|Year : 1964 | Volume
| Issue : 2 | Page : 68-73
The national trachoma control programme in India
VV Preobragenski, UC Gupta
National Trachoma Control Programme, India
|Date of Web Publication||14-Feb-2008|
V V Preobragenski
National Trachoma Control Programme
Source of Support: None, Conflict of Interest: None
|How to cite this article:|
Preobragenski V V, Gupta U C. The national trachoma control programme in India. Indian J Ophthalmol 1964;12:68-73
|How to cite this URL:|
Preobragenski V V, Gupta U C. The national trachoma control programme in India. Indian J Ophthalmol [serial online] 1964 [cited 2019 Dec 8];12:68-73. Available from: http://www.ijo.in/text.asp?1964/12/2/68/39078
Objectives of the paper are to inform the broad groups of Indian Ophthalmologists on the latest developments in mass control of communicable eye diseases in the country and to promote discussions aimed at further improvement of organisation and methods adopted by the present national trachoma control programme.
The programme was started by the Union Ministry of Health on 30th March 1963. It followed an initial phase of trachoma control activities which was undertaken by the Indian Council of Medical Research through the Trachoma Control Pilot Project in 1956-63.
l. Master Plan for the National Programme and Plans of Operations for Various States.
In the light of the experience obtained in the Pilot Project, the Govt. of India decided to develop a national trachoma control programme, with implementation of extensive trachoma control activities, in the States of Punjab, Rajasthan and Uttar Pradesh where the disease represents a major public health problem - (Punjab, 79.1 ; Rajasthan 74.2%; Uttar Pradesh 68.1 %). In addition, trachoma control activities will be continued and extended, as and when practicable, in the States of Gujarat (56%), Madhya Pradesh (41.3%), Bihar (30%) and Jammu & Kashmir (upto 60%, in the plains). Attention will also be given in due course to the pockets of high and moderate (between 20 to 50%) endemicity of trachoma in the States of Assam, Mysore and Maharashtra.
Before starting the preparation of the plan, representatives of Directorate General of Health Services and W.H.O. visited the States of Gujarat, Punjab, Rajasthan and Uttar Pradesh, to investigate the possibility of launching the large scale programme in those states and to ascertain the phasing of the coverage of different districts.
The main characteristic of the new plan was the magnitude of the activities to be undertaken in different States. The following plan has been finalised.
Each State in which the large scale programme is to be undertaken, will appoint an Assistant Director of Health Services (Trachoma) at the Directorate level and two to three Regional Trachoma Officers, depending on the number of districts under treatment and their location in the State. The Assistant Director of Health Services and the Regional Trachoma Officers have to supervise the work of the trachoma control units. The Health Education Officer and the Statistical Assistant at the Directorate level have to assist the Assistant Director of Health Services and the Regional Trachoma Officers in the every day supervision of the work in the field units and in organizing effective health education programme in the fields.
The main working unit will remain as at present, a trachoma control field unit, with one medical officer in charge, six supervisors and 25 field workers as para-technical staff.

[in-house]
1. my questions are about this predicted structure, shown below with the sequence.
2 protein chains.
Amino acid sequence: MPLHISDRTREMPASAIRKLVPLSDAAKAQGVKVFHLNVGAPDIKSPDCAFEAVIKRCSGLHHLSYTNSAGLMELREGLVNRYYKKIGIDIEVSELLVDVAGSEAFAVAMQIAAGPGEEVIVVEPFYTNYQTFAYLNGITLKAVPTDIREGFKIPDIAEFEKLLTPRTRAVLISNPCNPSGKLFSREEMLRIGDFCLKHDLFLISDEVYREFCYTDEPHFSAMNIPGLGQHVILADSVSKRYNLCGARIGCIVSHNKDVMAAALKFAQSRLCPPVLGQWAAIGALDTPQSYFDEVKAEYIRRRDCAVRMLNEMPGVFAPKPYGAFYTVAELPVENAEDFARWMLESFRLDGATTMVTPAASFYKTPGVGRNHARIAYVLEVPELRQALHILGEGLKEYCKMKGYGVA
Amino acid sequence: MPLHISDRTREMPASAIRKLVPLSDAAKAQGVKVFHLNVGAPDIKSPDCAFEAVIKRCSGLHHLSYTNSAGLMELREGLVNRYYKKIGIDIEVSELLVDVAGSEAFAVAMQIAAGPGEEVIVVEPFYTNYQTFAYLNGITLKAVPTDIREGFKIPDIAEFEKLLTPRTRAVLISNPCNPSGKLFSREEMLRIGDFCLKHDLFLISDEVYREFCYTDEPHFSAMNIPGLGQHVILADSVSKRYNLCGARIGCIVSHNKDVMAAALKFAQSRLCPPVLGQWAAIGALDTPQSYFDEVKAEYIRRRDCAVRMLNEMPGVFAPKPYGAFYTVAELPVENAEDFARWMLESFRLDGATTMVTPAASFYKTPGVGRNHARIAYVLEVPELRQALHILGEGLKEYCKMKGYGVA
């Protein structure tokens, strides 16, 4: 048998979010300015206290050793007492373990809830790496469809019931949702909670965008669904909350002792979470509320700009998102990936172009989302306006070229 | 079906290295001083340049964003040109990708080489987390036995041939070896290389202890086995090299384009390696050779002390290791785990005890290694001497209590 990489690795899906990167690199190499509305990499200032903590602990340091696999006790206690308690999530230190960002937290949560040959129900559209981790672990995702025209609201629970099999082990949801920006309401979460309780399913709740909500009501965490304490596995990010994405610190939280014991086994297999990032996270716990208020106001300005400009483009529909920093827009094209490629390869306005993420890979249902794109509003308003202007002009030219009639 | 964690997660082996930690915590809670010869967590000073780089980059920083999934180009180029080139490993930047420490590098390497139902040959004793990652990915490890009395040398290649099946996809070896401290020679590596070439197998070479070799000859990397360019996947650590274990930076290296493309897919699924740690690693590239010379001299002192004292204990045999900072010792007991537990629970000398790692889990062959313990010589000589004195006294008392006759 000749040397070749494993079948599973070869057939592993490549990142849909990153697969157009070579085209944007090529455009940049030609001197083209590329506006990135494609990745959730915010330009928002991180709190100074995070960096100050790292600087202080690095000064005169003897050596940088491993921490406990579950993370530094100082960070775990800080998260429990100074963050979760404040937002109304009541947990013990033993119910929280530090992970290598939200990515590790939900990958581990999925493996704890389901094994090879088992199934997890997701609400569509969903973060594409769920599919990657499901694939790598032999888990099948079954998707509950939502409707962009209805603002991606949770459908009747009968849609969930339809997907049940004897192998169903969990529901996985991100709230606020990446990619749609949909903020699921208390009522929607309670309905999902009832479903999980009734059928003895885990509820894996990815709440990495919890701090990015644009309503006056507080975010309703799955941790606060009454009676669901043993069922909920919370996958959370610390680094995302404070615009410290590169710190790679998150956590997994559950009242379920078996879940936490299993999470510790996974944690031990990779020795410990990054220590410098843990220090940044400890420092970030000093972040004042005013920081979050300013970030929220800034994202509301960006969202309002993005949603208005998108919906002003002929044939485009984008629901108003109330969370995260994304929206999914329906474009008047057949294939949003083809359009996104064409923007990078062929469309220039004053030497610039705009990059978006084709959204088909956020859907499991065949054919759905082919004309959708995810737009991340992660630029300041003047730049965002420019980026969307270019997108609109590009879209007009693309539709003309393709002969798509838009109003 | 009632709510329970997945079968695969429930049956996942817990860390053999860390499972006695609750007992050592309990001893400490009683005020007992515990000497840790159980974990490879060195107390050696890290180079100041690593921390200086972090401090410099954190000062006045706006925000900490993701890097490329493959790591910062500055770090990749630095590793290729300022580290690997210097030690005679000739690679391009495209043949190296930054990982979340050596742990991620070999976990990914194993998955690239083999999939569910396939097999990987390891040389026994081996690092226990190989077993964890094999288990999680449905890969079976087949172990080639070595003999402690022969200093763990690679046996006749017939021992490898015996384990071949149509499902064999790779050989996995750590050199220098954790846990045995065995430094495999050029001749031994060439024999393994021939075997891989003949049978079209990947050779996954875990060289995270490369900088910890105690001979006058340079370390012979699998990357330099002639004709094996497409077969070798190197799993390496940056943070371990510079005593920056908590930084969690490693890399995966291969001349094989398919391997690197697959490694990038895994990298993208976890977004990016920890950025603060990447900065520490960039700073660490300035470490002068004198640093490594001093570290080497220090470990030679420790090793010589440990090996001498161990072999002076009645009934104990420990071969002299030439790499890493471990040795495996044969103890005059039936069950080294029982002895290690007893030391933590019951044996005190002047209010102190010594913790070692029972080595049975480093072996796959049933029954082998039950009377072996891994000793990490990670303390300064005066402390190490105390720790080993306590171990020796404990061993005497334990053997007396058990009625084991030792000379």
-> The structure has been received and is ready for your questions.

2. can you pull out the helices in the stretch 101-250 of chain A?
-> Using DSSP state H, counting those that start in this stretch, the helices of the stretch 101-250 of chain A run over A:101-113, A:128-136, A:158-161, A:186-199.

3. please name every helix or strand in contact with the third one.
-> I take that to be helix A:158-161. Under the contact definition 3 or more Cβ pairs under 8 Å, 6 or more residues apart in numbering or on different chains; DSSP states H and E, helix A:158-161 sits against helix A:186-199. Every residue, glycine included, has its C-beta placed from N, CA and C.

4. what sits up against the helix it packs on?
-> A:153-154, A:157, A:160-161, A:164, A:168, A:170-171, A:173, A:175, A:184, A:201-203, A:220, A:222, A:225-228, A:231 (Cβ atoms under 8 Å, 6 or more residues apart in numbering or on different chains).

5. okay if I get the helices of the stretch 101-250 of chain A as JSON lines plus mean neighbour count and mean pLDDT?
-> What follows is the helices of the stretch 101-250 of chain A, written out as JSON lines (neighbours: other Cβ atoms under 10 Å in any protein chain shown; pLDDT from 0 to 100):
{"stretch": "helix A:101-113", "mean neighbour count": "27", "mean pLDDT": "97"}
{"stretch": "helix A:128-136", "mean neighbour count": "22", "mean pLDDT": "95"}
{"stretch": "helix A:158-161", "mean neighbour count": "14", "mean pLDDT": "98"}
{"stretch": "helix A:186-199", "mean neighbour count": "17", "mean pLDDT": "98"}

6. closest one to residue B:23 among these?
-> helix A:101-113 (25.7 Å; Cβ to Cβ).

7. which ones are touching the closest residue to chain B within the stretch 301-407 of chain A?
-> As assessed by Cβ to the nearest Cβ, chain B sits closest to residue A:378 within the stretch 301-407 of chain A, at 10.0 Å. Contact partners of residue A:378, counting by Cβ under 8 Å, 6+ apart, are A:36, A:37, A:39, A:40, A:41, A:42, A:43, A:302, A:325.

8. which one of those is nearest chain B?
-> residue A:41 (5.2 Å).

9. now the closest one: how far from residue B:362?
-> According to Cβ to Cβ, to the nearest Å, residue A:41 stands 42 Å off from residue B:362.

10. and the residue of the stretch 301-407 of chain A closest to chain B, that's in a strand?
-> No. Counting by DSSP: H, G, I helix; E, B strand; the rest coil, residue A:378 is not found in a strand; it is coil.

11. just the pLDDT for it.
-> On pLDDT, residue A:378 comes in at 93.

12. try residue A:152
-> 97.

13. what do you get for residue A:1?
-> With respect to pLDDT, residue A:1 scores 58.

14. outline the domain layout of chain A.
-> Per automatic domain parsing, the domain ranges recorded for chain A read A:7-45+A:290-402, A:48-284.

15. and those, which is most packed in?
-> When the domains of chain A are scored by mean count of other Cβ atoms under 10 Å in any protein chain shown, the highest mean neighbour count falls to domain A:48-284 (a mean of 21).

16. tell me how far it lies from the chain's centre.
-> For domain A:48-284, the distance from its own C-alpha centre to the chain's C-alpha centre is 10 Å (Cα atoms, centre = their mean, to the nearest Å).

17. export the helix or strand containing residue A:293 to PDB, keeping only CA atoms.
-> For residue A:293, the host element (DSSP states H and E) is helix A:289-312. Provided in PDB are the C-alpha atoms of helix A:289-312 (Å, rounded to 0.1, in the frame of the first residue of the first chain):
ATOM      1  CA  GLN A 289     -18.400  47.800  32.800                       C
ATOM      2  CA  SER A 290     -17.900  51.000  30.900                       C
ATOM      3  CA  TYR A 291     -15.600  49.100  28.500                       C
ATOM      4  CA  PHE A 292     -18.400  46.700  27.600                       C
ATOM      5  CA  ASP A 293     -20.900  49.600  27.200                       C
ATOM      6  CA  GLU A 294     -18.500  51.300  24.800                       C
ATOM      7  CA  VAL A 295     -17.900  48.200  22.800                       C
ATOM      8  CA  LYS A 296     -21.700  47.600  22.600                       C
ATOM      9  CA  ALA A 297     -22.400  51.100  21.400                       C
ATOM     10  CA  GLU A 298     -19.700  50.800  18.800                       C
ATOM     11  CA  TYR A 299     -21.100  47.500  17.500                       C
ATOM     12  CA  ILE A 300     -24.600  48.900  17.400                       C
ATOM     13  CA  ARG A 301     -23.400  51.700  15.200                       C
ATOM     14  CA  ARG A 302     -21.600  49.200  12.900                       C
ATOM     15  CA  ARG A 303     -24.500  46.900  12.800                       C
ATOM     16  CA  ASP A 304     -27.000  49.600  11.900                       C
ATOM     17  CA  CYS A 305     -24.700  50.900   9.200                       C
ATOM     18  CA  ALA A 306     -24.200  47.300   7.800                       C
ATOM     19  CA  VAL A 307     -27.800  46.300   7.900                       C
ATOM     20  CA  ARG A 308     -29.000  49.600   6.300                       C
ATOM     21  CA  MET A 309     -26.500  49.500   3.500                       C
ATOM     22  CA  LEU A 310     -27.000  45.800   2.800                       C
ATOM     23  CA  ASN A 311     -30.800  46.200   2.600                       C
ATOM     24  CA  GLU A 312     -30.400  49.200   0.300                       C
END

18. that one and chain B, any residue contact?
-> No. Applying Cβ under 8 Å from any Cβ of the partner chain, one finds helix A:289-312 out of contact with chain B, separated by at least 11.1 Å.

It has been planned to divide the programme into three main periods attack period (for two years), consolidation period (for an year and a half) and maintenance period (for 2 years or more). A short but very important term of one to three months preparatory period will precede the attack period, and evaluation of the work will be carried out during consolidation and maintenance periods.
Each trachoma control field unit will be in a position to cover by treatment the population of one community development block, with an average of 75,000 people, in the two years of the attack period.
During consolidation and maintenance periods, the medical officer in charge of the primary health centre of that block will be made responsible to continue trachoma control measures. He will be assisted by one supervisor and five field workers per zone during the consolidation period and by two workers during the maintenance period. This personnel is to be attached to the primary health centres for the work.
The methodology of treatment will be that of blanket treatment of children under ten or fourteen according to the endemicity, along with treatment of their family contacts in rural areas and treatment of children of primary and middle schools in urban and suburban areas adjacent to the blocks under programme.
Blanket treatment of children under ten means the prophylactic treatment of all children of this age group irrespective of clinical signs they show.
The treatment of family contacts means the treatment in households of any one of the other age groups in which clinical signs of eye infection are detected. This treatment will call for the distribution of approximately one tube of ointment for each household in the regions of operation.
This methodology is aimed at protecting children, as the group most affected and responsible for transmission of the infection, and also provides an attempt to attack the source of infection in other age groups.
The treatment programme will be so scheduled as to cover the period of seasonal peaks of associated bacterial conjunctivitis wherever it exists, in order to secure effective control of both trachoma and associated infections.
An intermittent schedule of broad spectrum antibiotic treatment will be employed (local application twice a day on five consecutive days, with this five days cycle repeated six times at monthly intervals in March-April-May and August-September-October).